The law of averages. The average outcome for many independent trials of an experiment
will approach the expected value of the experiment.


Matching principle

The process of linking recognized revenue to any associated
costs, thereby showing the net impact of all transactions related to the recognition
of revenue.


Matching Principle

An accounting principle that ties expense recognition to revenue recognition,
dictating that efforts, as represented by expenses, are to be matched with accomplishments,
that is, revenue, whenever it is reasonable and practicable to do so.


Pareto principle

a rule which states that the greatest effects
in human endeavors are traceable to a small number of
causes (the vital few), while the majority of causes (the
trivial many) collectively yield only a small impact; this
relationship is often referred to as the 20:80 rule


product contribution margin

the difference between selling price and variable cost of goods sold


Self-Employment Contributions Act (SECA)

A federal Act requiring self-employed business owners to pay the same total tax rates for Social Security and
Medicare taxes that are split between employees and employers under the Federal Insurance contributions Act.


Stand-alone principle

Investment principle that states a firm should accept or reject a project by comparing it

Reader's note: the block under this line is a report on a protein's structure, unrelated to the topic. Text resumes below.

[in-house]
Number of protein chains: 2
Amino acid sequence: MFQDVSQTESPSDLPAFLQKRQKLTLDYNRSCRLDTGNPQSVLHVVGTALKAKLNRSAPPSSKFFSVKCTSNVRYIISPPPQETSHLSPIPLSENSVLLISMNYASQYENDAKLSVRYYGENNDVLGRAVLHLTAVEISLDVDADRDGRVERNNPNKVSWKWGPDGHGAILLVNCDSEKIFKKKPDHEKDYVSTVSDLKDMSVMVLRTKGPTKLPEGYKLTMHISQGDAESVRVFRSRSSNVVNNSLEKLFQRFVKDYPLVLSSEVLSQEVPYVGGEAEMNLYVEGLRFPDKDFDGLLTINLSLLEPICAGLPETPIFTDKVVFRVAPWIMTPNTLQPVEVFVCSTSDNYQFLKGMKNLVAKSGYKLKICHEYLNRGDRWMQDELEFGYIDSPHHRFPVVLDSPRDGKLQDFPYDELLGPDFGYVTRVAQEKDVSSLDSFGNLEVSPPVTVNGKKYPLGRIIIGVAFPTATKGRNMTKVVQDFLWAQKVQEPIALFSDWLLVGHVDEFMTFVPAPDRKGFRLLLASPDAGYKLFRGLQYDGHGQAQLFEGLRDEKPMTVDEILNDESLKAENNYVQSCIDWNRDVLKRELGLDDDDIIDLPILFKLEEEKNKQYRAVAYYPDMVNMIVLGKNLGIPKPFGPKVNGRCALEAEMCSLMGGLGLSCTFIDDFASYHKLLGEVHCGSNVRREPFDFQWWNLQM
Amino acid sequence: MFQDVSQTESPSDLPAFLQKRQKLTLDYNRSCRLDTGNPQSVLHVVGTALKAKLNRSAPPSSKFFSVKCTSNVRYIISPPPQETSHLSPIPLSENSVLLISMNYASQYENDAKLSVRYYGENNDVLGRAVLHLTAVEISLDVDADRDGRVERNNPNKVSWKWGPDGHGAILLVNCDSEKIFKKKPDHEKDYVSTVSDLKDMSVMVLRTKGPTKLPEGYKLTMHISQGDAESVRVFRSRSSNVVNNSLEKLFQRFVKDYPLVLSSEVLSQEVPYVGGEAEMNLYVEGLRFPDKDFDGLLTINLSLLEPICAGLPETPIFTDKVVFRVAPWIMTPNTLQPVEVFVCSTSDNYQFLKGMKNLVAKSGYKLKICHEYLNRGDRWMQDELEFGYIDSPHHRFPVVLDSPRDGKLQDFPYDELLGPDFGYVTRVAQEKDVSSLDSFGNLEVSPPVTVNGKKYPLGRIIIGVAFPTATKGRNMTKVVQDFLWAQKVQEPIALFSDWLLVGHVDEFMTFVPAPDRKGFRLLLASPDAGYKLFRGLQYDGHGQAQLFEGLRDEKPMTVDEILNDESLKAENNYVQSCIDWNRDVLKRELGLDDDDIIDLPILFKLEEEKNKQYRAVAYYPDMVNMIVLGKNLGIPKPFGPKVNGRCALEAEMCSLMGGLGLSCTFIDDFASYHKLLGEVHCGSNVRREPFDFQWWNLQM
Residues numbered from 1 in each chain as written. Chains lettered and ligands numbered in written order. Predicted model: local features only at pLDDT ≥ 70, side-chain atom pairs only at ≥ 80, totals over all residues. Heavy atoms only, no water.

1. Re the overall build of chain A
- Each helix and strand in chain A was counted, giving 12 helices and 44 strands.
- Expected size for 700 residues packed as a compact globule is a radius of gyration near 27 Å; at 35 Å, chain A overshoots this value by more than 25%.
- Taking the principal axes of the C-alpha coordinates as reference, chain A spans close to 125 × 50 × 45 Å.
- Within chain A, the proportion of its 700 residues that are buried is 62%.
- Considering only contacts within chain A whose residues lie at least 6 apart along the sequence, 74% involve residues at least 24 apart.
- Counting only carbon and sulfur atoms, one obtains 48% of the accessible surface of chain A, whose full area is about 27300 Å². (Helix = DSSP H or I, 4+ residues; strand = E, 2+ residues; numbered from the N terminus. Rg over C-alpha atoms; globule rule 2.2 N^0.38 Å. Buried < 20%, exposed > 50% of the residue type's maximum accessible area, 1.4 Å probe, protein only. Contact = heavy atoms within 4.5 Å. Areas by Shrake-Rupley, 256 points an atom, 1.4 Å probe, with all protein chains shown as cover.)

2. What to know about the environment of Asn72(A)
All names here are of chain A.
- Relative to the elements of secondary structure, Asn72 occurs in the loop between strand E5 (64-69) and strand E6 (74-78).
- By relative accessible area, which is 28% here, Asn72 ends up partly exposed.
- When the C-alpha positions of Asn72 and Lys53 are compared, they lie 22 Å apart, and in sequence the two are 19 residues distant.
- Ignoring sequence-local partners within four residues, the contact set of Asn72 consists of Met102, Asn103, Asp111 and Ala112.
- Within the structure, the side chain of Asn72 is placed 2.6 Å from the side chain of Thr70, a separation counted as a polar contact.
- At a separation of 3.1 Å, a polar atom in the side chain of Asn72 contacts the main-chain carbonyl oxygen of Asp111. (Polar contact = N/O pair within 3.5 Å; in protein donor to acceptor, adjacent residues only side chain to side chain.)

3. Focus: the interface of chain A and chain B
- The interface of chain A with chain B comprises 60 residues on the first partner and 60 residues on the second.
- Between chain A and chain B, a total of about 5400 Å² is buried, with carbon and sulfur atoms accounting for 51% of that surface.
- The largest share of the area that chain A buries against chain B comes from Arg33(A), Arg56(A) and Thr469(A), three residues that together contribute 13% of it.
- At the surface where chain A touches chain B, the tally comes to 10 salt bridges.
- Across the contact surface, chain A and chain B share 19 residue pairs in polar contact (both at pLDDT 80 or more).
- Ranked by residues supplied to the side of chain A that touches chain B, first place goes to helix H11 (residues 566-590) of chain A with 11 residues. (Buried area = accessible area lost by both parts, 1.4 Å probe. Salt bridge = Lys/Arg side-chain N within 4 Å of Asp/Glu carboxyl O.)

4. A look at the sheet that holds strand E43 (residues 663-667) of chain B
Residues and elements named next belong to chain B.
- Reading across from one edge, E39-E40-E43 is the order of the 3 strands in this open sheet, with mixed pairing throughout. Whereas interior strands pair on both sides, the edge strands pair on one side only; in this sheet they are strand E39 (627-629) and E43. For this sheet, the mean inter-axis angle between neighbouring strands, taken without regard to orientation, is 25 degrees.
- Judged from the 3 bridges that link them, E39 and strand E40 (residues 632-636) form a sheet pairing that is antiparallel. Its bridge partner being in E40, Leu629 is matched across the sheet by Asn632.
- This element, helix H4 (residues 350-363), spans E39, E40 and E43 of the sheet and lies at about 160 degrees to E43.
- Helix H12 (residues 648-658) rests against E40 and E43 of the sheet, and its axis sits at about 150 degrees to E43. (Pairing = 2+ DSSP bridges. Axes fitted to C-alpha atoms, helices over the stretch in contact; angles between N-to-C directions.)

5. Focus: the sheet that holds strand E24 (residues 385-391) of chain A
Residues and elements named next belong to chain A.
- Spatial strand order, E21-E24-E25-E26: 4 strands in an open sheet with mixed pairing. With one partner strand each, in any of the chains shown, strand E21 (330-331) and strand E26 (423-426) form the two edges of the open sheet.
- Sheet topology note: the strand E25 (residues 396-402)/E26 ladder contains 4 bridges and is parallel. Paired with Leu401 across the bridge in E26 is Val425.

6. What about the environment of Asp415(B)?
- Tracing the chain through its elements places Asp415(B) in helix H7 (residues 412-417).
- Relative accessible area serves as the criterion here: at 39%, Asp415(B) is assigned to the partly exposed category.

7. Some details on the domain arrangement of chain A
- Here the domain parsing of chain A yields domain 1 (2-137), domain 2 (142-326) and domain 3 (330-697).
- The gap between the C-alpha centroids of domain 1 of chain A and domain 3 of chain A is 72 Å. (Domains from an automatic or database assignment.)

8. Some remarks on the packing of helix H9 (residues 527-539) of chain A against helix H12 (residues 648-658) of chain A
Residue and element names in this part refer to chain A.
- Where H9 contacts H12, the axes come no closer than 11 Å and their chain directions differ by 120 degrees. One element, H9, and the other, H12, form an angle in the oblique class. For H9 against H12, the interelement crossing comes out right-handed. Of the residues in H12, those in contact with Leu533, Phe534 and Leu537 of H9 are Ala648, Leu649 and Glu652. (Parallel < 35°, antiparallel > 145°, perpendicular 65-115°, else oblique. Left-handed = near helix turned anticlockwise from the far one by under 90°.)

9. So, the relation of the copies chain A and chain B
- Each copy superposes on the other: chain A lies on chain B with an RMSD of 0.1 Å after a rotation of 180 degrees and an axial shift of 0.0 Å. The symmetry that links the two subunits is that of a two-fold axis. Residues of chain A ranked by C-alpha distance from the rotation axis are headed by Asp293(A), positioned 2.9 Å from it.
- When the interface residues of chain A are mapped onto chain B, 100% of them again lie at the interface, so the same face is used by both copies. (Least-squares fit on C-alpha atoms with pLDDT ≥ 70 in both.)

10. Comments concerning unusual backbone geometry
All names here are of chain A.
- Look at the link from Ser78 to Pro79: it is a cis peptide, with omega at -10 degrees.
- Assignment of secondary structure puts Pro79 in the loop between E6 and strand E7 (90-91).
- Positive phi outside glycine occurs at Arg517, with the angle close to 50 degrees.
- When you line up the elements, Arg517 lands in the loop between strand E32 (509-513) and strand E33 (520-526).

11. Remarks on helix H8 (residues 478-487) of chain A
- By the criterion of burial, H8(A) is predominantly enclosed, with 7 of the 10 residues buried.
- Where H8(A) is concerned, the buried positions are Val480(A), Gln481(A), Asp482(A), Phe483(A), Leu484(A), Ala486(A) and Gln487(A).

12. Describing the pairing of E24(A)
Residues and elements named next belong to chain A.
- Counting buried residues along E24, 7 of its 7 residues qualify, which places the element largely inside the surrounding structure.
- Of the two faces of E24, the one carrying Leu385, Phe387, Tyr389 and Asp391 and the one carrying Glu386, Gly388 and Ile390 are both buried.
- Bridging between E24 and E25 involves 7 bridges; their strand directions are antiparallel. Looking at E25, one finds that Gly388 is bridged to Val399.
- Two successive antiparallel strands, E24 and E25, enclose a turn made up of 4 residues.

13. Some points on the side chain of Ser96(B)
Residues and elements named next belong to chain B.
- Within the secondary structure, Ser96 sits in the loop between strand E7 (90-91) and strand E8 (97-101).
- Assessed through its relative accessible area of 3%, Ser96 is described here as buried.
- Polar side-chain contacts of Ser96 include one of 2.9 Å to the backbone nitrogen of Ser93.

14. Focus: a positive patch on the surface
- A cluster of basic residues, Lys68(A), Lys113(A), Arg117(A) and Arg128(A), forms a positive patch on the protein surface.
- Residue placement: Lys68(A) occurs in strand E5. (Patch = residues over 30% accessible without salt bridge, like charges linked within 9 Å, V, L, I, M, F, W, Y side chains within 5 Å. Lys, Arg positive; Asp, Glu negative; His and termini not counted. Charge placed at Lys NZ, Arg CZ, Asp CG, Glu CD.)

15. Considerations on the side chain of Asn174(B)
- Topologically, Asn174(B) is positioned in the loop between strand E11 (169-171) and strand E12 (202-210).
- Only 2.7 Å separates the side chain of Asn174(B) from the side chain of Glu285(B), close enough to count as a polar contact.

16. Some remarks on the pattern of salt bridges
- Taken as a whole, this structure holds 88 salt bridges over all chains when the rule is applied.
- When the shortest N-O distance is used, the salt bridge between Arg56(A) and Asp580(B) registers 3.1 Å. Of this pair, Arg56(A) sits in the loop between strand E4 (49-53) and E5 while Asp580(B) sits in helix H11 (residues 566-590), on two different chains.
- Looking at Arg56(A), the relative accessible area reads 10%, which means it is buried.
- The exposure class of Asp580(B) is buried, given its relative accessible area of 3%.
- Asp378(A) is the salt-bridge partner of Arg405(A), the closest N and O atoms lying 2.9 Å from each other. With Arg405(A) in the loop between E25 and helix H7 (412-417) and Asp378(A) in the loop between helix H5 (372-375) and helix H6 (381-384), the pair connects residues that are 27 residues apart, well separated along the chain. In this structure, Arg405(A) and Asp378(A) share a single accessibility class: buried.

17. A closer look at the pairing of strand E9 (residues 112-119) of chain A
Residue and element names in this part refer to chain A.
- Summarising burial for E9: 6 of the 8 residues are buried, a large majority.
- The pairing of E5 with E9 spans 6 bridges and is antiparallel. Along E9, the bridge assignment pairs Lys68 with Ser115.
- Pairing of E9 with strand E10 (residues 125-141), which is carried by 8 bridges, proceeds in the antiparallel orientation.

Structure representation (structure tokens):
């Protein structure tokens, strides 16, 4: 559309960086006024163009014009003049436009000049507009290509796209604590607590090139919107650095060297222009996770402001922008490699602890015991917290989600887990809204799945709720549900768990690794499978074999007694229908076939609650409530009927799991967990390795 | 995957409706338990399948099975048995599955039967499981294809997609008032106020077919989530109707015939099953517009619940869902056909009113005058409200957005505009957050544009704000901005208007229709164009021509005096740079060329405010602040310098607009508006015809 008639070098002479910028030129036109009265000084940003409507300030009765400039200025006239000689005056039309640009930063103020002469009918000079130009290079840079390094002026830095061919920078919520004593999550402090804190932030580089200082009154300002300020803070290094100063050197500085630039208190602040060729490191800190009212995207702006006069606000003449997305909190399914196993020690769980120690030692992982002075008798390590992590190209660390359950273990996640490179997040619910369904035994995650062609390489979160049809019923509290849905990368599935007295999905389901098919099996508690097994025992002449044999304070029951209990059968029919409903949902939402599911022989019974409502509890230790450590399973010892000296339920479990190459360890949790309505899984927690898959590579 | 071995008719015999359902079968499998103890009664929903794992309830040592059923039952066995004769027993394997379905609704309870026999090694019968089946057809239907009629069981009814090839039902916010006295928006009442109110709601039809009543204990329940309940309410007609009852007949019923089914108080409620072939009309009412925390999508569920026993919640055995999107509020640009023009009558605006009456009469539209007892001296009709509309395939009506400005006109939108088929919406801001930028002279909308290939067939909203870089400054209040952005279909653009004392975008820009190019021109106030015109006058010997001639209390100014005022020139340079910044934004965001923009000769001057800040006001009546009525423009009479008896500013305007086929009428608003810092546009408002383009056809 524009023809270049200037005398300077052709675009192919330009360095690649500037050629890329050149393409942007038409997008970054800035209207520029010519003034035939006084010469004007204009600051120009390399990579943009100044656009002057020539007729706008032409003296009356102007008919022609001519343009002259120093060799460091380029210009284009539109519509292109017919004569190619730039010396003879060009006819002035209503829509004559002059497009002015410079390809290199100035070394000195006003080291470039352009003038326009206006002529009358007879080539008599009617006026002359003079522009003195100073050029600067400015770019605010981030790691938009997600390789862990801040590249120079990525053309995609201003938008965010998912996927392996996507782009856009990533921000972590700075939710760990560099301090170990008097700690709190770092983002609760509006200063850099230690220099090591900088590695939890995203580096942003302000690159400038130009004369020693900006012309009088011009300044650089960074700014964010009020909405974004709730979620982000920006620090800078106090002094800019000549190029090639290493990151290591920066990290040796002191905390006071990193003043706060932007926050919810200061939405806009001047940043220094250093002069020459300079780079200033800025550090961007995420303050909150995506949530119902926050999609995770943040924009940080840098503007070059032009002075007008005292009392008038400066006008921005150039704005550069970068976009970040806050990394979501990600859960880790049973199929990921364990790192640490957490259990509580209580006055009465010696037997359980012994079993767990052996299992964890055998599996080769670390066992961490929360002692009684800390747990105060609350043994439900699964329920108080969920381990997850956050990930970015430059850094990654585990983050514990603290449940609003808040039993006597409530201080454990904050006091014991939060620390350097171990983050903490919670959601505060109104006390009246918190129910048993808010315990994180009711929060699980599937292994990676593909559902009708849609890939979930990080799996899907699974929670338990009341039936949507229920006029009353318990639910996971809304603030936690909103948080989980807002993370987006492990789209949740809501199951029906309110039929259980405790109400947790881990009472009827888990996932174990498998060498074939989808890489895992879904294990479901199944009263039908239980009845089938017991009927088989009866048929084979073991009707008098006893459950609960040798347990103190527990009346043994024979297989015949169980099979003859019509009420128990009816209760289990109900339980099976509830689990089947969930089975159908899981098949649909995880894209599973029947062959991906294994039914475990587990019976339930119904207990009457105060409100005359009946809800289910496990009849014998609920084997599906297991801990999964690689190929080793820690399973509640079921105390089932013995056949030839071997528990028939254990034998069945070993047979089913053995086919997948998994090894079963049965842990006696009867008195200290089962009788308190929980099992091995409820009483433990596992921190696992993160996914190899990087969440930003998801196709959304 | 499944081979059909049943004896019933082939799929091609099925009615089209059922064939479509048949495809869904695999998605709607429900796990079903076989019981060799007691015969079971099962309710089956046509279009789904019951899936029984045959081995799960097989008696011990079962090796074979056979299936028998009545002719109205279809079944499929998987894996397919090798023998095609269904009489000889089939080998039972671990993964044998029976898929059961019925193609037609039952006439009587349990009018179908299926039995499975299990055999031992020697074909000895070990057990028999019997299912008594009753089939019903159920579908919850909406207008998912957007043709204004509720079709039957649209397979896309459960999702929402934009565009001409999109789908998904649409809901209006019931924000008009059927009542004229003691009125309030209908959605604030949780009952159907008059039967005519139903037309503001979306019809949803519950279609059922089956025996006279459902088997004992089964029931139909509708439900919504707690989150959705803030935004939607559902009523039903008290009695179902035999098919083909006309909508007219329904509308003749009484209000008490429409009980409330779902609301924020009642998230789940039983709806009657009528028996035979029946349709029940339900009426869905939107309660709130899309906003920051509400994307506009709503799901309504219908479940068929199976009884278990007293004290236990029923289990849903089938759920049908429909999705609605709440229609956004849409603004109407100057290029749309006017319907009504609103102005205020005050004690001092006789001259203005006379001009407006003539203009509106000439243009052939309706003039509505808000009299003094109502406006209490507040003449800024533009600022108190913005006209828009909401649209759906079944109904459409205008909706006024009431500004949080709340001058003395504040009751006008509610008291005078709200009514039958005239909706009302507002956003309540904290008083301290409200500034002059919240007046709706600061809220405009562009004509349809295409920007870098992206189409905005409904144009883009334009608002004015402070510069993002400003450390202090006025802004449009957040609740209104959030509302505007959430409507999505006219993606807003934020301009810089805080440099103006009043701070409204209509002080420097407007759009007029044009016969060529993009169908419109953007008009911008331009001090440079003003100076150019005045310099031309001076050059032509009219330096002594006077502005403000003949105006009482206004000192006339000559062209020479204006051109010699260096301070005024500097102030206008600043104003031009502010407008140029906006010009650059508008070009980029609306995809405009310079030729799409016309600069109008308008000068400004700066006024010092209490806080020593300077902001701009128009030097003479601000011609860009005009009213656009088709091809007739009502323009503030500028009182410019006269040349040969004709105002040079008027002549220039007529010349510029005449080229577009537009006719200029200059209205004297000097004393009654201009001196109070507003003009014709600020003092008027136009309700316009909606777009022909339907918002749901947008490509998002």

with securities in the same risk class.


Systematic risk principle

Only the systematic portion of risk matters in large, well-diversified portfolios.
The, expected returns must be related only to systematic risks.


Throughput contribution

Sales revenue less the cost of materials.


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total contribution margin

see contribution margin



profit

The general term profit is not precisely defined; it may refer to net
gains over a period of time, or cash inflows less cash outflows for an
investment, or earnings before or after certain costs and expenses are
deducted from income or revenue. In the world of business, profit is
measured by the application of generally accepted accounting principles
(GAAP). In the income statement, the final, bottom-line profit is generally
labeled net income and equals revenue (plus any extraordinary gains)
less all expenses (and less any extraordinary losses) for the period. Inter-
nal management profit reports include several profit lines: gross margin,
contribution margin, operating profit (earnings before interest and
income tax), and earnings before income tax. External income statements
report gross margin (also called gross profit) and often report one
or more other profit lines, although practice varies from business to
business in this regard.